Six people were shot dead in Beirut yesterday, in an attack on supporters of Hezbollah and its ally who were gathering to demand the removal of the judge investigating the explosion that ripped through the city’s port last year.
he shooting, which took place on a frontline of Lebanon’s 1975-90 civil war and evoked scenes reminiscent of that conflict, marks the deadliest civil violence in Beirut since 2008.
It also highlights a deepening crisis over the probe into the catastrophic August 2020 explosion that is undermining government efforts to tackle one of the most dramatic economic meltdowns in history.
The Iran-backed Hezbollah and its ally, the Shia Amal Movement, accused the Lebanese Forces (LF), a Christian party that has close ties to Saudi Arabia, of mounting the attack.
Interior Minister Bassam Mawlawi said snipers opened fire and aimed at people’s heads.
The LF denied any involvement and condemned the violence, which it blamed on Hezbollah “incitement” against judge Tarek Bitar, the lead investigator into the port blast, which killed 200 people, wounded thousands and devastated swathes of Beirut.
Coming after repeated warnings from Hezbollah and its allies that continuing Mr Bitar’s probe would split the country, the violence may create a pretext to shut down or shelve further investigation into the explosion.
LF leader Samir Geagea, whose group had a powerful militia in the war, said the shooting was the result of uncontrolled weapons in society, saying civil peace must be preserved.
During the attack, local television stations broadcast footage of bullets bouncing off buildings and people running for cover. One of the dead was a woman who was struck by a bullet while in her home, a military source said.
At a nearby school, teachers told infant children to lie face down on the ground with their hands on their heads, a witness said. A lifeless body was dragged from the street by bystanders in footage broadcast by al-Jadeed TV.
The army said the gunfire had targeted protesters as they passed through the Teyouneh traffic circle located in an area dividing Christian and Shia Muslim neighbourhoods.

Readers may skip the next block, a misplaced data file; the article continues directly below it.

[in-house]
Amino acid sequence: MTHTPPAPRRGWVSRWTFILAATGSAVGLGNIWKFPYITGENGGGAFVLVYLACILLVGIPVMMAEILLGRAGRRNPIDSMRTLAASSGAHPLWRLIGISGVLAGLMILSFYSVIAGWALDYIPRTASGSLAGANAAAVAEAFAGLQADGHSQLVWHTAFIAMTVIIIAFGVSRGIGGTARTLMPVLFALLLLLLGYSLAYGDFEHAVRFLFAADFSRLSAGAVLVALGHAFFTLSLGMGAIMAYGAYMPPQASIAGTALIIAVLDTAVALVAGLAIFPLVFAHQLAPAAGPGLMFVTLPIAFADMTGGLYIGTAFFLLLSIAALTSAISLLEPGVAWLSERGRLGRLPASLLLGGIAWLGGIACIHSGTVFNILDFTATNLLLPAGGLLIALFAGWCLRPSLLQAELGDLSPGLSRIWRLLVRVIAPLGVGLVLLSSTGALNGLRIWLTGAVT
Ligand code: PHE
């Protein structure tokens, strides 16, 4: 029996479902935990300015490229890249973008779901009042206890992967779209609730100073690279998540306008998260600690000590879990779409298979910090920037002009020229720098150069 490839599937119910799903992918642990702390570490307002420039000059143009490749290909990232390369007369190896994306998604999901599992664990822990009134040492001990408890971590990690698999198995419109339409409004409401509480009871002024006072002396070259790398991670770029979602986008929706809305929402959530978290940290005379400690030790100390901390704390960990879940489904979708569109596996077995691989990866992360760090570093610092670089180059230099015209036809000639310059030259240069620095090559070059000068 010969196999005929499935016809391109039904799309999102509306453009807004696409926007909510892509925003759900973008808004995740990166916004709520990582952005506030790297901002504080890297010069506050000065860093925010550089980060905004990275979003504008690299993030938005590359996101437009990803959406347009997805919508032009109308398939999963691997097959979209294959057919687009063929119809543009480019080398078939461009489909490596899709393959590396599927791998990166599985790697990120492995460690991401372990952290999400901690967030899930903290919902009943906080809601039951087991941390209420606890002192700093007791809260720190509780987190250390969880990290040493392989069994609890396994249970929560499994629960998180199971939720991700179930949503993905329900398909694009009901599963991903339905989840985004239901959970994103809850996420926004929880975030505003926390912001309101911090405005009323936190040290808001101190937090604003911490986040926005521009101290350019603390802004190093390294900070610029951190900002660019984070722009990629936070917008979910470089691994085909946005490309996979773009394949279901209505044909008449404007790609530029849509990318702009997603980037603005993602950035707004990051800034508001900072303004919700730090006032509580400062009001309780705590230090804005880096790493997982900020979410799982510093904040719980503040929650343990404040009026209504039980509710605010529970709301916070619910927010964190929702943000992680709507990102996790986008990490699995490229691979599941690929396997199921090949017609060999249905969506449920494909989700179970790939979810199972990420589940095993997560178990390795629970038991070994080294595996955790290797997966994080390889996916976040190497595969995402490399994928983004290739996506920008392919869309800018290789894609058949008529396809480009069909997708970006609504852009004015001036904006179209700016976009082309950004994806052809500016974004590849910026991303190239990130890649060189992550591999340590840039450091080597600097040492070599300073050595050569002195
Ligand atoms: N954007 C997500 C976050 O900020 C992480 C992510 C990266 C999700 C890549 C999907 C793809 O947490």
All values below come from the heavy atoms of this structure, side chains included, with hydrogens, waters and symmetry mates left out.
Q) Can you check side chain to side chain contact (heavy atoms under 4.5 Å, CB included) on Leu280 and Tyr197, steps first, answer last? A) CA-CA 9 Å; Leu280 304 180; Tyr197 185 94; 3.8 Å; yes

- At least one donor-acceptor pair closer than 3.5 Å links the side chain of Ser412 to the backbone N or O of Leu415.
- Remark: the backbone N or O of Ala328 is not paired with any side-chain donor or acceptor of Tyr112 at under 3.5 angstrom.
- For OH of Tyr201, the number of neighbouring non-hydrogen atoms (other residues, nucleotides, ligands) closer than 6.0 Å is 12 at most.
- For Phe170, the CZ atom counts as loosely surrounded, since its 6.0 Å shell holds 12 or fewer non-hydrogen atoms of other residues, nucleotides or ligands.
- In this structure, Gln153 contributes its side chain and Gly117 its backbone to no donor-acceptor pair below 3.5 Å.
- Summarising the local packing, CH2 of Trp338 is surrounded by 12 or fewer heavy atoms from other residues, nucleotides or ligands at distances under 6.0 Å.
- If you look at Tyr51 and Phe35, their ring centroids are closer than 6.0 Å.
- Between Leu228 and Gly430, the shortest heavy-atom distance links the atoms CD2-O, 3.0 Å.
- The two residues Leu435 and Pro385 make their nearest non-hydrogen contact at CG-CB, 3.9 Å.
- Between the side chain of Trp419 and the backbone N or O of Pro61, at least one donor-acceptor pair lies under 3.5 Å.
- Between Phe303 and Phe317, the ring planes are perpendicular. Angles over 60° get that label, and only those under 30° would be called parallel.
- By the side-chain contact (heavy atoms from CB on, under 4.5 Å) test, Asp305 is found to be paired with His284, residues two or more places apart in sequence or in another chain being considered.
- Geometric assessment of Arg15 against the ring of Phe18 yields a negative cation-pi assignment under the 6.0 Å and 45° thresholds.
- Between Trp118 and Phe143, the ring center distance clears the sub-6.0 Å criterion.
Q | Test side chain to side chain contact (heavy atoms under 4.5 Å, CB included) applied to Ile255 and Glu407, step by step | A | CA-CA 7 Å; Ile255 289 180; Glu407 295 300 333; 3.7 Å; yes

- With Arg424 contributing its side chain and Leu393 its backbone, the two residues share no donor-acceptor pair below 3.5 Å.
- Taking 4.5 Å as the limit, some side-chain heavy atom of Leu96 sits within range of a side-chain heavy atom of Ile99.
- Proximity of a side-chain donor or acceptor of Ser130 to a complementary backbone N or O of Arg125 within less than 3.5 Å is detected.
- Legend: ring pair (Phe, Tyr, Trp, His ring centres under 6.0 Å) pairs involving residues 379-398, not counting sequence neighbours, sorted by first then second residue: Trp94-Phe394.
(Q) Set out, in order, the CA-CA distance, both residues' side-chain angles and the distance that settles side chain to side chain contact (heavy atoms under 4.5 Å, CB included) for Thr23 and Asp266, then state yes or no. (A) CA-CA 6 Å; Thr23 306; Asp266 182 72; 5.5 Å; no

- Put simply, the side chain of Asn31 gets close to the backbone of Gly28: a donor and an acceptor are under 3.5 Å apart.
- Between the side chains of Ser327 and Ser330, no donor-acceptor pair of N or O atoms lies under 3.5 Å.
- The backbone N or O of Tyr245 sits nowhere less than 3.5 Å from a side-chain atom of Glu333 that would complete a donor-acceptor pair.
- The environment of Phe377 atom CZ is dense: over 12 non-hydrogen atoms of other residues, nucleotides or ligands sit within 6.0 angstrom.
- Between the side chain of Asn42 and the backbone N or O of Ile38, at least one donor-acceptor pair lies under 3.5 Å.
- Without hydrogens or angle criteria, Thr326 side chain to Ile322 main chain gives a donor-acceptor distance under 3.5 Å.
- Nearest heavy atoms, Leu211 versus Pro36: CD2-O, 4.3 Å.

The shooting began from the Christian neighbourhood of Ain el-Remmaneh, from where the civil war was set off, before spiralling into an exchange of fire, a military source said.
Mr Mawlawi said all the dead were from one side, meaning Shia.
Hezbollah and the Amal Movement said groups had fired at protesters from rooftops, aiming at their heads in an attack they said aimed to drag Lebanon into conflict.
As Prime Minister Najib Mikati called for calm, the army deployed heavily in the area around Teyouneh and said it would open fire against any armed person on the road. Bursts of gunfire were heard for hours.
The United States and France said the Lebanese judiciary needed to be allowed to investigate the port explosion in an independent and impartial manner.
“The Lebanese people deserve no less and the victims and families of those lost in the port blast deserve no less,” US under secretary of state Victoria Nuland said during a visit to Beirut.
“Today’s unacceptable violence makes clear what the stakes are,” said Ms Nuland.
Judge Bitar has sought to question a number of senior politicians and security officials, including Hezbollah allies, suspected of negligence that led to the port explosion, caused by a huge quantity of ammonium nitrate and one of the biggest non-nuclear blasts on record. All have denied wrongdoing. Hezbollah has led calls for Mr Bitar’s removal, accusing him of bias.
The stand-off over Mr Bitar’s investigation is diverting the government’s attention away from addressing a deepening economic crisis, which has plunged more than three-quarters of Lebanese into poverty.